He has called together legislative bodies at places unusual, uncomfortable, and distant from the depository of their Public Records, for the sole purpose of fatiguing them into compliance with his measures.

He has dissolved Representative Houses repeatedly, for opposing with manly firmness his invasions on the rights of the people.

He has refused for a long time, after such dissolutions, to cause others to be elected, whereby the Legislative Powers, incapable of Annihilation, have returned to the People at large for their exercise; the State remaining in the mean time exposed to all the dangers of invasion from without, and convulsions within.

He has endeavoured to prevent the population of these States; for that purpose obstructing the Laws for Naturalization of Foreigners; refusing to pass others to encourage their migrations hither, and raising the conditions of new Appropriations of Lands.

He has obstructed the Administration of Justice by refusing his Assent to Laws for establishing Judiciary Powers.

He has made Judges dependent on his Will alone for the tenure of their offices, and the amount and payment of their salaries.

He has erected a multitude of New Offices, and sent hither swarms of Officers to harass our people and eat out their substance.

He has kept among us, in times of peace, Standing Armies without the Consent of our legislatures.

He has affected to render the Military independent of and superior to the Civil Power.

He has combined with others to subject us to a jurisdiction foreign to our constitution, and unacknowledged by our laws; giving his Assent to their Acts of pretended Legislation:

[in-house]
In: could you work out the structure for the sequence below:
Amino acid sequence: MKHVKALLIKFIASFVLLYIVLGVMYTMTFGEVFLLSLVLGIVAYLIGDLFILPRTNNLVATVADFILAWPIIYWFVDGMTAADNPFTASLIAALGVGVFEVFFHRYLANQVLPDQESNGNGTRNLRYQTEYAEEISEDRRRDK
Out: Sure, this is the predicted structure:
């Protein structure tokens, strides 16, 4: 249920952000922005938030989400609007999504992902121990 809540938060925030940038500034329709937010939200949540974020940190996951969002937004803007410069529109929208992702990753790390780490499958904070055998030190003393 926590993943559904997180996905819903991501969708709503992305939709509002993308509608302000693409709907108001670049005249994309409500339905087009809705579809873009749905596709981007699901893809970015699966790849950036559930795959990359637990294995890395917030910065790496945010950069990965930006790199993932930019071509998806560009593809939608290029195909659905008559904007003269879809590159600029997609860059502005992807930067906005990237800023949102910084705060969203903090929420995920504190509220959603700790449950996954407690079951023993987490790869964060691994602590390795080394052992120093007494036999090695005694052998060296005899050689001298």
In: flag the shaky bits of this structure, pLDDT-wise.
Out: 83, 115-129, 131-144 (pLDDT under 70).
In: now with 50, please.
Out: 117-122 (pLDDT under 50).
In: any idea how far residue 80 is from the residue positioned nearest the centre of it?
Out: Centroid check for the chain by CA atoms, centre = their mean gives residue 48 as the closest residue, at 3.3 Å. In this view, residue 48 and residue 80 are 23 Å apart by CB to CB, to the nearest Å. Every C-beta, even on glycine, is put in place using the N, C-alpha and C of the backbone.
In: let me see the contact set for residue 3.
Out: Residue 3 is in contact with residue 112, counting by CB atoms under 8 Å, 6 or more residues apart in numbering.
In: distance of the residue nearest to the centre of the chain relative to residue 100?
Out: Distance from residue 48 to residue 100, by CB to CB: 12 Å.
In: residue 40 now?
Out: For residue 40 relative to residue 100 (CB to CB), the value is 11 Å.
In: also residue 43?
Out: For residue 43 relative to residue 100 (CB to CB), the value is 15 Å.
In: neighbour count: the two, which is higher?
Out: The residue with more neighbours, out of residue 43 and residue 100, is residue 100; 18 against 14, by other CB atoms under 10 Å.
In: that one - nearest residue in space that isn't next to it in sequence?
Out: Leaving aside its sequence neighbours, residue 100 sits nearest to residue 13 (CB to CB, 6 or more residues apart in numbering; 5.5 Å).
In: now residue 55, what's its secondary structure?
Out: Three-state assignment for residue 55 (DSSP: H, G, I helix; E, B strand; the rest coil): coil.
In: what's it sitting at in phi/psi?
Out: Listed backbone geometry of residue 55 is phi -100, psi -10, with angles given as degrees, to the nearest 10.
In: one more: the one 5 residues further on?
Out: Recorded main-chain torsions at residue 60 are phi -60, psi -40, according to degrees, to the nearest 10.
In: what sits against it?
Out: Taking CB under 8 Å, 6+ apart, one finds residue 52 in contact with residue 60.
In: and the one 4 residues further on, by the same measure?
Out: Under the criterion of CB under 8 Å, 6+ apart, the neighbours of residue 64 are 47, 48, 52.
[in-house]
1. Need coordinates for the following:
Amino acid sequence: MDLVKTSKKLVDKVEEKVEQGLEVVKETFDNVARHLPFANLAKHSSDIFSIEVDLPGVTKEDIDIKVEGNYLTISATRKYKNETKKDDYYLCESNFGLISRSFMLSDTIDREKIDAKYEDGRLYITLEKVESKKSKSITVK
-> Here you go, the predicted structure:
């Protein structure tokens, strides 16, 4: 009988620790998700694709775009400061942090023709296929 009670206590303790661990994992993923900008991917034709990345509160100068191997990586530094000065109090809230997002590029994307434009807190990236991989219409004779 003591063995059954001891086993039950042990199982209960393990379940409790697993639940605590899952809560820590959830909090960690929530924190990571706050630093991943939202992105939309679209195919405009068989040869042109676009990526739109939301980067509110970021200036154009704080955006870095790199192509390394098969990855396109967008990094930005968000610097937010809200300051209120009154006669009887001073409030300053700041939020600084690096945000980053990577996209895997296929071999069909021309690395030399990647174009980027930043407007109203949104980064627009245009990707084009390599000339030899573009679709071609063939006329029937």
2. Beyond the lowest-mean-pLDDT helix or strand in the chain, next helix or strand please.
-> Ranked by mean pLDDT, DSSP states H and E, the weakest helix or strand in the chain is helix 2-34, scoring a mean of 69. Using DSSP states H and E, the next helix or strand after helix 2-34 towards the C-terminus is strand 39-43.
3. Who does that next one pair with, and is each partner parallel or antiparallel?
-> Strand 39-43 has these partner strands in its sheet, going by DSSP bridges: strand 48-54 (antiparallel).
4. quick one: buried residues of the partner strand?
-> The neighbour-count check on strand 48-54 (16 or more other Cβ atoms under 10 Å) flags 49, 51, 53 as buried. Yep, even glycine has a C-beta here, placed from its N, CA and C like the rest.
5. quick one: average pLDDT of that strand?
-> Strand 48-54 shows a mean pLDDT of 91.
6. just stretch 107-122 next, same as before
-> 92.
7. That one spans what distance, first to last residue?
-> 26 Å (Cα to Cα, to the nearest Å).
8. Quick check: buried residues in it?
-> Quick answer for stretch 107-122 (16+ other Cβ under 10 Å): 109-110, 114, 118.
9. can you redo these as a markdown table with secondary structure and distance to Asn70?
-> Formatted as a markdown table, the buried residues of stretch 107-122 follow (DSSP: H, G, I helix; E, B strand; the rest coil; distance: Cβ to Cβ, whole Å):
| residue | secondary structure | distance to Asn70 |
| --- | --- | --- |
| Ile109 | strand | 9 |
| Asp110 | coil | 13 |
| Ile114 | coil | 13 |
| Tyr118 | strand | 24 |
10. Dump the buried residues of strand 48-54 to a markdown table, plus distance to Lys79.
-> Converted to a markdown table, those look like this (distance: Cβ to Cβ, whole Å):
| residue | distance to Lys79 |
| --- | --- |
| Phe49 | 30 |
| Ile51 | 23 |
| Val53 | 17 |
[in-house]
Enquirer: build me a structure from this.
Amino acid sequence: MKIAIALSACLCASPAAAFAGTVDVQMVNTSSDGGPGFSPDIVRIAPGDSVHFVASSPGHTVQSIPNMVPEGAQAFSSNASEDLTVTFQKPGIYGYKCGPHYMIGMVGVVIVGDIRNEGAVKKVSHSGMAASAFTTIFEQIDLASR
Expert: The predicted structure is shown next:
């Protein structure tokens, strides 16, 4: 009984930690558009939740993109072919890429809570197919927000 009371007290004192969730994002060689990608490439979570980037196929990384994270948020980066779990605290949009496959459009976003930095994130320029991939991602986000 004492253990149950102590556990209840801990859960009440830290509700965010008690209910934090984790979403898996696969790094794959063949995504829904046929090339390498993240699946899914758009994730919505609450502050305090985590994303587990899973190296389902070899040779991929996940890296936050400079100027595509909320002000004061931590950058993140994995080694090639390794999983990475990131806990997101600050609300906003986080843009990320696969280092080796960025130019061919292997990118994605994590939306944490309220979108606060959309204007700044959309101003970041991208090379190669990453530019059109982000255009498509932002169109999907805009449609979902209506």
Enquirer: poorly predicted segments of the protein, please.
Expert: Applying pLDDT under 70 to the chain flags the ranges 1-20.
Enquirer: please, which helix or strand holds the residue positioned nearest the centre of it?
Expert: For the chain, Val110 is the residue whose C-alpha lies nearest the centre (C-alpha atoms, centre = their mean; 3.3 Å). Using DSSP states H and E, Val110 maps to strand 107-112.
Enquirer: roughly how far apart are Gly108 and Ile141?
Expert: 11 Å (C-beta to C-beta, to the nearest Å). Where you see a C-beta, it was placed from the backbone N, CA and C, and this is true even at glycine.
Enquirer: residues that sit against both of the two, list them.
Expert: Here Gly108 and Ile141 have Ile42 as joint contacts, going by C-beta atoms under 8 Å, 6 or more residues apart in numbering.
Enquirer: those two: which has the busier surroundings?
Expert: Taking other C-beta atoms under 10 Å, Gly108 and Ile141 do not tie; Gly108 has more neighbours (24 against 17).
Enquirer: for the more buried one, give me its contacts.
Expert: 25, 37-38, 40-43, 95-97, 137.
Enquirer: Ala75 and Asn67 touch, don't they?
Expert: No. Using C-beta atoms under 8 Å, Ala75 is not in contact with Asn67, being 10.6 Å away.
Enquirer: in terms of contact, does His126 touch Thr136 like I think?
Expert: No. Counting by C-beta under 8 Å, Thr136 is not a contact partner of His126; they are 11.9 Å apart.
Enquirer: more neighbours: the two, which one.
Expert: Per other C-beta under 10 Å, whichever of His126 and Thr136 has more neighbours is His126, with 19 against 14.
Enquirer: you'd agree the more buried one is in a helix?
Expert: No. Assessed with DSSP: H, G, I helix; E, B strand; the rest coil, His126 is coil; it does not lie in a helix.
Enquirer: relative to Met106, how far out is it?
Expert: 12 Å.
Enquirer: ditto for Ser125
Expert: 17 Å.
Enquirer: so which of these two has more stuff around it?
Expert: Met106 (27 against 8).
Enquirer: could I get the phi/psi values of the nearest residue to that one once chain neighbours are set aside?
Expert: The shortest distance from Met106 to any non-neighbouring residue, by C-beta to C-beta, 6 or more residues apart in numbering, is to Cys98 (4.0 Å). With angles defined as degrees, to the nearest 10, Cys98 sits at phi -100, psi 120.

For quartering large bodies of armed troops among us:

For protecting them, by a mock Trial from punishment for any Murders which they should commit on the Inhabitants of these States:

For cutting off our Trade with all parts of the world:

For imposing Taxes on us without our Consent:

For depriving us in many cases, of the benefit of Trial by Jury:

For transporting us beyond Seas to be tried for pretended offences:

For abolishing the free System of English Laws in a neighbouring Province, establishing therein an Arbitrary government, and enlarging its Boundaries so as to render it at once an example and fit instrument for introducing the same absolute rule into these Colonies

For taking away our Charters, abolishing our most valuable Laws and altering fundamentally the Forms of our Governments:

For suspending our own Legislatures, and declaring themselves invested with power to legislate for us in all cases whatsoever.

He has abdicated Government here, by declaring us out of his Protection and waging War against us.

He has plundered our seas, ravaged our coasts, burnt our towns, and destroyed the lives of our people.

He is at this time transporting large Armies of foreign Mercenaries to compleat the works of death, desolation, and tyranny, already begun with circumstances of Cruelty & Perfidy scarcely paralleled in the most barbarous ages, and totally unworthy the Head of a civilized nation.

He has constrained our fellow Citizens taken Captive on the high Seas to bear Arms against their Country, to become the executioners of their friends and Brethren, or to fall themselves by their Hands.